Historian Highlight is an ongoing series sharing the research experiences of historians in the History Faculty in Cambridge. We ask students how they came to research their topic, their favourite archival find, as well as the best (and worst) advice they’ve received as academics in training. History is all about how we tell stories – this series looks at the stories we have to tell as graduate students. In our eleventh post, Hannah Blythe shares with us her research on the history of community-based mental health charities in Britain.
What are you currently researching?
My thesis focuses on community-based mental health charity in Britain during the late nineteenth and early twentieth centuries. I define a ‘community-based’ charity as an organisation that was concerned with people who were living in private homes rather than institutional buildings known as lunatic asylums. Between 1879 and 1939 four such organisations were founded in Britain. When investigating these charities, I think specifically about two themes. Firstly, I explore how the psychiatrists, voluntary and paid non-professional workers, and patients thought about and experienced recovery from mental disorder. I investigate what it meant to get better and what life after recovery looked like. Secondly, I examine the role of these charities in the early history of psychotherapy.
More broadly, I am interested in encouraging conversation and collaboration between scholars who use the humanities to study the psy-disciplines, and practitioners, such as psychotherapists and psychiatrists.
What led you to research this topic?
I took a fairly long and winding route to the PhD. I went to university as an undergraduate to study history because it was an academic subject that I had always enjoyed – I liked history lessons at school, as well as leisure activities like going to museums and reading novels set in the past. I also had a growing interest in mental health, which I realised I could combine with my degree, choosing to write my dissertation about York Asylum. I wasn’t quite sure what I wanted to do when I left university. However, I did know that I was interested in conducting research and mental health, so I found work in policy and public affairs.
A couple of years later, I ‘I was lucky enough to get the opportunity to return to university and decided to experiment with an interdisciplinary Master’s. I studied for an MA in Health Humanities at UCL, using the year to explore both illness and ‘madness’ using history, philosophy and anthropology. I used the course to think about whether I wanted to pursue a doctorate, but returned to my former career after finishing my studies and worked in policy in the charity sector. A while later, I took the plunge and finally submitted some PhD applications that drew on both my Master’s research and my reflections on my workplace experiences.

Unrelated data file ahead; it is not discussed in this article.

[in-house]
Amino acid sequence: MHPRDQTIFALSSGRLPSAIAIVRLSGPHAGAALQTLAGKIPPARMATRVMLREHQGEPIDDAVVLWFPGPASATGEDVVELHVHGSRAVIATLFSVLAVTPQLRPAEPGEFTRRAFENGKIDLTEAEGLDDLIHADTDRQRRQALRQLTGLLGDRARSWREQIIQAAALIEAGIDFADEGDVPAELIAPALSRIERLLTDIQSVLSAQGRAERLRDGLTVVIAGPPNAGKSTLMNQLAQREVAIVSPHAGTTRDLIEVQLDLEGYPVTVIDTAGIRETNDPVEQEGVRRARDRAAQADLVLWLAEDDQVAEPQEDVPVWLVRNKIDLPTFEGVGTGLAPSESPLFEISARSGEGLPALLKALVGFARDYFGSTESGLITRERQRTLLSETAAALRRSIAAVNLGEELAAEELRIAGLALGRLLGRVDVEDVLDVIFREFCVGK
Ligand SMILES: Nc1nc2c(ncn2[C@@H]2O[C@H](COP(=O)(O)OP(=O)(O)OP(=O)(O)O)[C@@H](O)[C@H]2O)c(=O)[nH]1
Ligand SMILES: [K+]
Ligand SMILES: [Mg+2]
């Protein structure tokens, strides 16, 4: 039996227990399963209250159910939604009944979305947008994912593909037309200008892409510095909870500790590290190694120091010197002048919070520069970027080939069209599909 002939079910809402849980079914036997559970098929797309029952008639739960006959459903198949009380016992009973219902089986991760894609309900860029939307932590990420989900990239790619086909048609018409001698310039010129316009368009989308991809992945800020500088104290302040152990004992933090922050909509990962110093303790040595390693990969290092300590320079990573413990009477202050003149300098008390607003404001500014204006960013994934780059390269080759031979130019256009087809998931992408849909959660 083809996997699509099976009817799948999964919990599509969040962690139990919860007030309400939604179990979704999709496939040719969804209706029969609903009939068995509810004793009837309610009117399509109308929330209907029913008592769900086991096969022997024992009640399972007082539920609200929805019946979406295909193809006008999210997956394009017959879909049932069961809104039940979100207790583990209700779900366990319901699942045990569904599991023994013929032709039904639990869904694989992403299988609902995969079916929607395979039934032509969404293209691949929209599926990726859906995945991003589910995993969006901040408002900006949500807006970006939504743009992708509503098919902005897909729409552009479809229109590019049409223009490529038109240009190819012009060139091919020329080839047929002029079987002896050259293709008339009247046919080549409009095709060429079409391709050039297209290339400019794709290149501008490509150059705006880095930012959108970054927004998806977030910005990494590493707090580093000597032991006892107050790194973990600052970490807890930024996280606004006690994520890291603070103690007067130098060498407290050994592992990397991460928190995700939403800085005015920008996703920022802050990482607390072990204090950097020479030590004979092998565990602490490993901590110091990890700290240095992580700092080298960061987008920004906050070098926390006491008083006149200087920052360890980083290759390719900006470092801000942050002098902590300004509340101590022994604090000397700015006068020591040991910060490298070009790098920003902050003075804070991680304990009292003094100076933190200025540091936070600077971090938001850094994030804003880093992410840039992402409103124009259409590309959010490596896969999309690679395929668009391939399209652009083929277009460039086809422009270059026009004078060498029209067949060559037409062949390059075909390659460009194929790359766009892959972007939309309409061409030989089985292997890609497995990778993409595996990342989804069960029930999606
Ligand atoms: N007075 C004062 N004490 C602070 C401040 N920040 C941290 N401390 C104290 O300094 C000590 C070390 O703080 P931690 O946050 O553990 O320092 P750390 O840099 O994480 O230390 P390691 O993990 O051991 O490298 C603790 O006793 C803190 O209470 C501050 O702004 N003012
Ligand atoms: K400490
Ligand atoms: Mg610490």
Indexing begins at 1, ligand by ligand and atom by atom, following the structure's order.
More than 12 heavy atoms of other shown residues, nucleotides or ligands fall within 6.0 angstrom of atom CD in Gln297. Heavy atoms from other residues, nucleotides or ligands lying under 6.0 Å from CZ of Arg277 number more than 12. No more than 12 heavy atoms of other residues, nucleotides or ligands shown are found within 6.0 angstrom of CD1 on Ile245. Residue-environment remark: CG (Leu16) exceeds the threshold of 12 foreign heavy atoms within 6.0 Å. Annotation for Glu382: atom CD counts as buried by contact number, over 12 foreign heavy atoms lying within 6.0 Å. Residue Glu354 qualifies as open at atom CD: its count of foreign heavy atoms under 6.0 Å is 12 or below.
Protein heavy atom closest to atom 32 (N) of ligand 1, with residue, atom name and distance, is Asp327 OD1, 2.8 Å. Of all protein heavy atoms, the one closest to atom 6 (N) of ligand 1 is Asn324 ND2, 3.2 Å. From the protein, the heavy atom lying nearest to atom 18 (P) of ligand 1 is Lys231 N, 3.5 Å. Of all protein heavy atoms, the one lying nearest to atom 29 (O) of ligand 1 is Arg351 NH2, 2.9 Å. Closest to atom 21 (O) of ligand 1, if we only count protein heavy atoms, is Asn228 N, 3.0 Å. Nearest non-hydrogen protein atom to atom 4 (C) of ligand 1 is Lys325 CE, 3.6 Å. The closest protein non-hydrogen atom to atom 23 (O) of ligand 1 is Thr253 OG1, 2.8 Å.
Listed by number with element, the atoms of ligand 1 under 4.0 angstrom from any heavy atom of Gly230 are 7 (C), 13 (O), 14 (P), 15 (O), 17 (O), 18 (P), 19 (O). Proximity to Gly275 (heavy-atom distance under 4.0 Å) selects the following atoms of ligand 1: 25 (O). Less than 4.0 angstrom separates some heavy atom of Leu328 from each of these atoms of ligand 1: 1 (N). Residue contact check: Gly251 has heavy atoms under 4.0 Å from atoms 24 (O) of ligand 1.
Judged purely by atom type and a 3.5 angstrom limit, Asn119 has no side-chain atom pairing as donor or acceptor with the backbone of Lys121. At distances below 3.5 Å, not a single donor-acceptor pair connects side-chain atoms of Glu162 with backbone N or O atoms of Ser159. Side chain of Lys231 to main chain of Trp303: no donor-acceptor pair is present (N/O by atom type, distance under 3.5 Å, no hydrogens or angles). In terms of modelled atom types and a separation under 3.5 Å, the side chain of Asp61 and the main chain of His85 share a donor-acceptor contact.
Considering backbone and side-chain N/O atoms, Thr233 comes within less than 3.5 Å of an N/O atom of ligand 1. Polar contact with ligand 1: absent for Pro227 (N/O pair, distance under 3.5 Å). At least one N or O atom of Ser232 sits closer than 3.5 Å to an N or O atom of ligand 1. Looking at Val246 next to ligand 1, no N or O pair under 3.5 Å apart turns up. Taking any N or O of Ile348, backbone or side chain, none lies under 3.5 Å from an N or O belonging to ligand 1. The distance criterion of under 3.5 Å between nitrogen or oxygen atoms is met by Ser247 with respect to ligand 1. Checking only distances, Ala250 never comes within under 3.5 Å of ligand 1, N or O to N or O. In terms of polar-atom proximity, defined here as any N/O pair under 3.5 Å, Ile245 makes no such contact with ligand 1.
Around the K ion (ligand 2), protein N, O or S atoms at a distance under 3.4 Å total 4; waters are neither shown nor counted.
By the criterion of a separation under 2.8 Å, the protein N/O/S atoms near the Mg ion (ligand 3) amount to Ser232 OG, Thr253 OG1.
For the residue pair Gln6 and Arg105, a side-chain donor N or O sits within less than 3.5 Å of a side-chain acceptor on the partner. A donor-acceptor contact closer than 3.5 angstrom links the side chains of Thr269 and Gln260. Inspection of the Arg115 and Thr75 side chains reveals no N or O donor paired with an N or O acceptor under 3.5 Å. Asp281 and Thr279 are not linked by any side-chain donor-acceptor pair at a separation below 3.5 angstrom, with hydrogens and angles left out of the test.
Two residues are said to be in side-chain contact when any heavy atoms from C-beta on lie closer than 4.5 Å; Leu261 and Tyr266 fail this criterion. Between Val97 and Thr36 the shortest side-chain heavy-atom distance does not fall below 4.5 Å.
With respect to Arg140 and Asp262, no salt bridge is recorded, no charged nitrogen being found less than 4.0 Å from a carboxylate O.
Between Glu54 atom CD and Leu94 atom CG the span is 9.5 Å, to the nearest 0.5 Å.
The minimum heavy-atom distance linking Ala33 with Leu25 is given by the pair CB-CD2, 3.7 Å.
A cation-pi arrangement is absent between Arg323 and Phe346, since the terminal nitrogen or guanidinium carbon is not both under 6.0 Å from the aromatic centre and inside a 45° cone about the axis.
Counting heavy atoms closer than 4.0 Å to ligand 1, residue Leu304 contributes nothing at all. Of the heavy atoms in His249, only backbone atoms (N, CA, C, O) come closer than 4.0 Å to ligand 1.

And what’s the best or most unusual experience in an archives?
Right at the beginning of my PhD, I had the joy of hitting upon a wonderful piece of evidence in an unexpected place. I was thinking about philanthropists’ engagement in psychological debates. One of these philanthropists was Lucy Cavendish, after whom the Cambridge college is named, so I went to look at materials in the college archive. I was rooting around on the shelves when the archivist brought me an uncatalogued item on the off chance that it would be useful. The item was Lucy Cavendish’s personal visitors’ book, signed by everyone who called at her home. I flicked through the book, not expecting to find much. Suddenly, I was looking at a newspaper cutting of the famous popular psychologist, Emile Coué. Beside the cutting, was Coué’s signature, with a note stating that he had visited Cavendish to perform ‘autosuggestion’. Not only was Cavendish promoting a psychiatric charity, but she was engaging in psychological practices herself.
What’s one of your favourite historical sources?
In one of the archives I use, there is a letter written by a man who was living in an asylum in Surrey in 1915. This man wrote to a charity to tell the office workers that he had recovered from his mental illness and to ask for their help in securing his release from the hospital. He provided a whole autobiography, telling of his life story including his experiences of illness, recovery and treatment in two asylums. This letter provides a truly fascinating insight into the varied life of a man who was at times a psychiatric patient.
Using this letter as a historical source poses all sorts of ethical questions. At first, I didn’t question making it a central part of my thesis. However, I found the experience of examining the letter felt like I was being invasive. Is it okay to dissect this man’s innermost secrets in my pursuit of a PhD? If not, how do we make sure that patients’ voices are truly heard in our histories? How do I deal with the temptation to retrospectively diagnose the author?
What’s the best advice you’ve ever been given as a historian?
I can’t say that any one piece of advice has been ‘the best’, but I’ve always liked the reminder that no research is wasted research. It makes me feel so much better when I hit an inevitable dead-end, or when a proposal isn’t successful. I also find that it helps when I need to cut something out of a draft – so much easier when I remind myself that the cut part can go into another piece of work at a later date!
And the worst?
‘Use this term to become an expert in modern British history.’ Far too vague and full of assumptions about what ‘the important bits’ are! After a few weeks spent on undirected reading that didn’t stick, I realised that, while I must read and listen widely, I need to do everything with purpose and specific goals in mind.
Finally – what’s your must-do Cambridge experience?
Cambridge is great for outdoor swimming. The lido on Jesus Green is beautiful, and the Cam by Grantchester Meadows is a good for a wild swim in the summer.